I want to have a million friends…
We all love social media. We are always connected. Our friends are online and we can have interaction every time we want. We don`t need to be in the same place to have a face to face conversation. Not even in the same country. And millions of people are online too, at this very moment.
Why don`t we take a tour and look for interesting people to meet and form a friendship? It is very easy, we only need to login into our favorite social media, look into the profiles of our friends, and then look into their friends and see if any of them can be our potential friend. And then we only have to click a button with a friendship request or to follow that person.
When the friendship request is accepted, the online process of bonding begins. We talk about ourselves and ask about them. We begin to know each other and to see if that person really fits all the requirements to be our friend. If they don`t, we don`t really care, because they are not “real friends” but somebody that met online. But if they are par to our expectations, we strongly bond and become friends, close friends. And everything without seen the real person.
We don`t look for random people, we look for people that have some characteristics. We look for people like us because we are the ruler we use to measure the others. So when we search our social networks looking for somebody new to be our friend, we are really looking for “somebody like us”. This is homophily, the trend to like and bond with people like us.
Social media help that process of bonding with people that are similar to us. And it helps us to keep apart everyone that is different.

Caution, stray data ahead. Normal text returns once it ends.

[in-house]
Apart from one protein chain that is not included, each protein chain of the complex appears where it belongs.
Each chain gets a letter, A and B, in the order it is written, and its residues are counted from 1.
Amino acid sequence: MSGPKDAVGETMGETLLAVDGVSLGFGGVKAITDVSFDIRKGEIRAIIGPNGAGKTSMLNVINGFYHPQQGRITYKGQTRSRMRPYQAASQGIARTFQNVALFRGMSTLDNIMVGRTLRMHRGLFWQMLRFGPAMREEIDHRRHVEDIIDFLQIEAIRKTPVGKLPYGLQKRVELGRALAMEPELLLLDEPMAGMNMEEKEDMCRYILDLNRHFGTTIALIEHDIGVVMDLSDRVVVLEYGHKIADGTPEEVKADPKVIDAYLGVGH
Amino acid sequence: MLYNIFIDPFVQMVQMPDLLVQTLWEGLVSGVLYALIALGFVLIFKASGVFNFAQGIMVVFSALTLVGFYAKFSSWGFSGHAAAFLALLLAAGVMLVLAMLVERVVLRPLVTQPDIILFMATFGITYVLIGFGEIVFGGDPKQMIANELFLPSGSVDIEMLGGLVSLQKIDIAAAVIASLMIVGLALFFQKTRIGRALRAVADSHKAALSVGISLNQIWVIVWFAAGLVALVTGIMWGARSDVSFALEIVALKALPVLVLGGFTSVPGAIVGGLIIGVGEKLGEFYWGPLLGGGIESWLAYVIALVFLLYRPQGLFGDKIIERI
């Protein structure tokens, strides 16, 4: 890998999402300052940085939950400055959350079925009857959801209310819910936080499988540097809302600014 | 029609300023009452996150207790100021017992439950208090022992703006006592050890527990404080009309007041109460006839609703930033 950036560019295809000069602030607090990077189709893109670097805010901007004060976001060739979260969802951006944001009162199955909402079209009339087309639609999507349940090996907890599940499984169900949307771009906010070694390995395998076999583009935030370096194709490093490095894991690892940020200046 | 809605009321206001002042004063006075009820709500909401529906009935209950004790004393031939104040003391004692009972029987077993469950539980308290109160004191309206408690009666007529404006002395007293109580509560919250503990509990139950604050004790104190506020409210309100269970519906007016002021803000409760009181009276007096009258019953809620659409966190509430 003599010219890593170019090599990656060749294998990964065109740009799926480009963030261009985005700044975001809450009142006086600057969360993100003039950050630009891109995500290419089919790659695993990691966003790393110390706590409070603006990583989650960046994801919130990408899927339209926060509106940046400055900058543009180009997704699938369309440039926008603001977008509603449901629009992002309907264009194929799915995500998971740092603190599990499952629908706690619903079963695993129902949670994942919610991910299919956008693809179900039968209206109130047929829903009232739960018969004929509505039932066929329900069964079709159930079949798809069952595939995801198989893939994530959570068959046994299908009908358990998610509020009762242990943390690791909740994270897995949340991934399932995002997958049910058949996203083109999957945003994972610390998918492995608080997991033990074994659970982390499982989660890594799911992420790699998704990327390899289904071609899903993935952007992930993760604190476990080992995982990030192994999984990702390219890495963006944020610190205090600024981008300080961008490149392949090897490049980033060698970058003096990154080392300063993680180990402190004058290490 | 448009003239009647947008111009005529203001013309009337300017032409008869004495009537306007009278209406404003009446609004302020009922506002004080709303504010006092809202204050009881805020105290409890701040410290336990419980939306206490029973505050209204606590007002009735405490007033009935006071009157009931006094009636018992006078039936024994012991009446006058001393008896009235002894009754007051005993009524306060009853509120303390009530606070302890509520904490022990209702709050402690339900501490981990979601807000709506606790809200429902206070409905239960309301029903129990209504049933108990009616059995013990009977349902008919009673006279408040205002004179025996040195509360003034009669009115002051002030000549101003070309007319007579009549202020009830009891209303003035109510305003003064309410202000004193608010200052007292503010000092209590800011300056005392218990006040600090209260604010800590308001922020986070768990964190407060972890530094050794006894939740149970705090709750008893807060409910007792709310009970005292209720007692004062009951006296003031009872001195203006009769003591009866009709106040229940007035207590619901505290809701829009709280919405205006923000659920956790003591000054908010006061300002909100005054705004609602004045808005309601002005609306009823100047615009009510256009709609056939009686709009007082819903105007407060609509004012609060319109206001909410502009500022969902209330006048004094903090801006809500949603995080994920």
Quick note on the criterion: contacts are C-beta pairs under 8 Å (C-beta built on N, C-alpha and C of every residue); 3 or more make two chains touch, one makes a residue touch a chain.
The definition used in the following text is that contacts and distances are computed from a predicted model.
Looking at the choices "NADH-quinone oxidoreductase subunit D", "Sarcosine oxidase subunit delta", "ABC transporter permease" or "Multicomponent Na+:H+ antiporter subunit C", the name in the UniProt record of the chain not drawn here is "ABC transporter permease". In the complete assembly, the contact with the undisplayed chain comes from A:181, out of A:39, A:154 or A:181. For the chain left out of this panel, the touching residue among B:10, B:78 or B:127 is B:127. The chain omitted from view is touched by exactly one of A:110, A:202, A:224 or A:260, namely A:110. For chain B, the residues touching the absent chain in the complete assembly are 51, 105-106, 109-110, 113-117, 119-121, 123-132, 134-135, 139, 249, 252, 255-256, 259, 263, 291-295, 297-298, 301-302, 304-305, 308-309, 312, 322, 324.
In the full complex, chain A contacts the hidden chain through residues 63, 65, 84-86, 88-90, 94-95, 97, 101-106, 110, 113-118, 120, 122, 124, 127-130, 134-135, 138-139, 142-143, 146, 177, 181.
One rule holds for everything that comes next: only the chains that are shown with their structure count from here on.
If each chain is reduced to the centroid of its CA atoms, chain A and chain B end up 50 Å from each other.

So the illusion of meeting different and interesting people is overridden by the reality of only meeting the same kind of people we already know. It doesn`t widen our horizons nor gives us a different point of view.
And obviously, it makes our beliefs and attitudes more rigid, because we have consensus in our groups. We are constricted by stereotypes and prejudice. Social media helps to keep people distributed in groups of similar behavior and likes.
What really happens when making new friends in social media.
We can use two theories to explain what happens when we are looking for social media friends. The similarity-attraction hypothesis, studied by Byrne in 1971, predicts that people are more likely to interact with individuals or groups that have shared traits with them. The theory of self-categorization, studied by Turner in 1987, proposes that we tend to categorize ourselves and others in terms of race, gender, age, education, and we use these categories to differentiate between the ones like us and the rest, the different ones.
This is the normal behavior of human beings as individuals. But when all the individuals are forming groups social media starts to split in all the different associations. It is a group of smaller groups, every one very different from each other.
Social media tend to help with this particular issue through their algorithms. We don`t need to actively search for new friends because social media provide us with people to befriend. They use their internal search engines to see our behavior, our likes, and beliefs and predict what people in their database has the same characteristics starting with some friends of our friends and then people with larger social distance. We have the choice to befriend them or not, but the outcome is the same. Social media are divided into groups sharing some characteristics. Social media are polarized.
Polarization occurs when groups auto feedback with their own beliefs and don`t interact with groups thinking different from them. When finally they interact the outcome is generally explosive and tends to generate lots of reactions to the original reactions, like ripples on a water surface.
We can see the behavior of those groups just following some post on controversial issues, like gay adoption, immigration bans, capital penalty, and some less controversial too, music, food, fashion. Everything can be used to form a group that classifies the likes of people in social media, and that promotes the apparition of new small groups.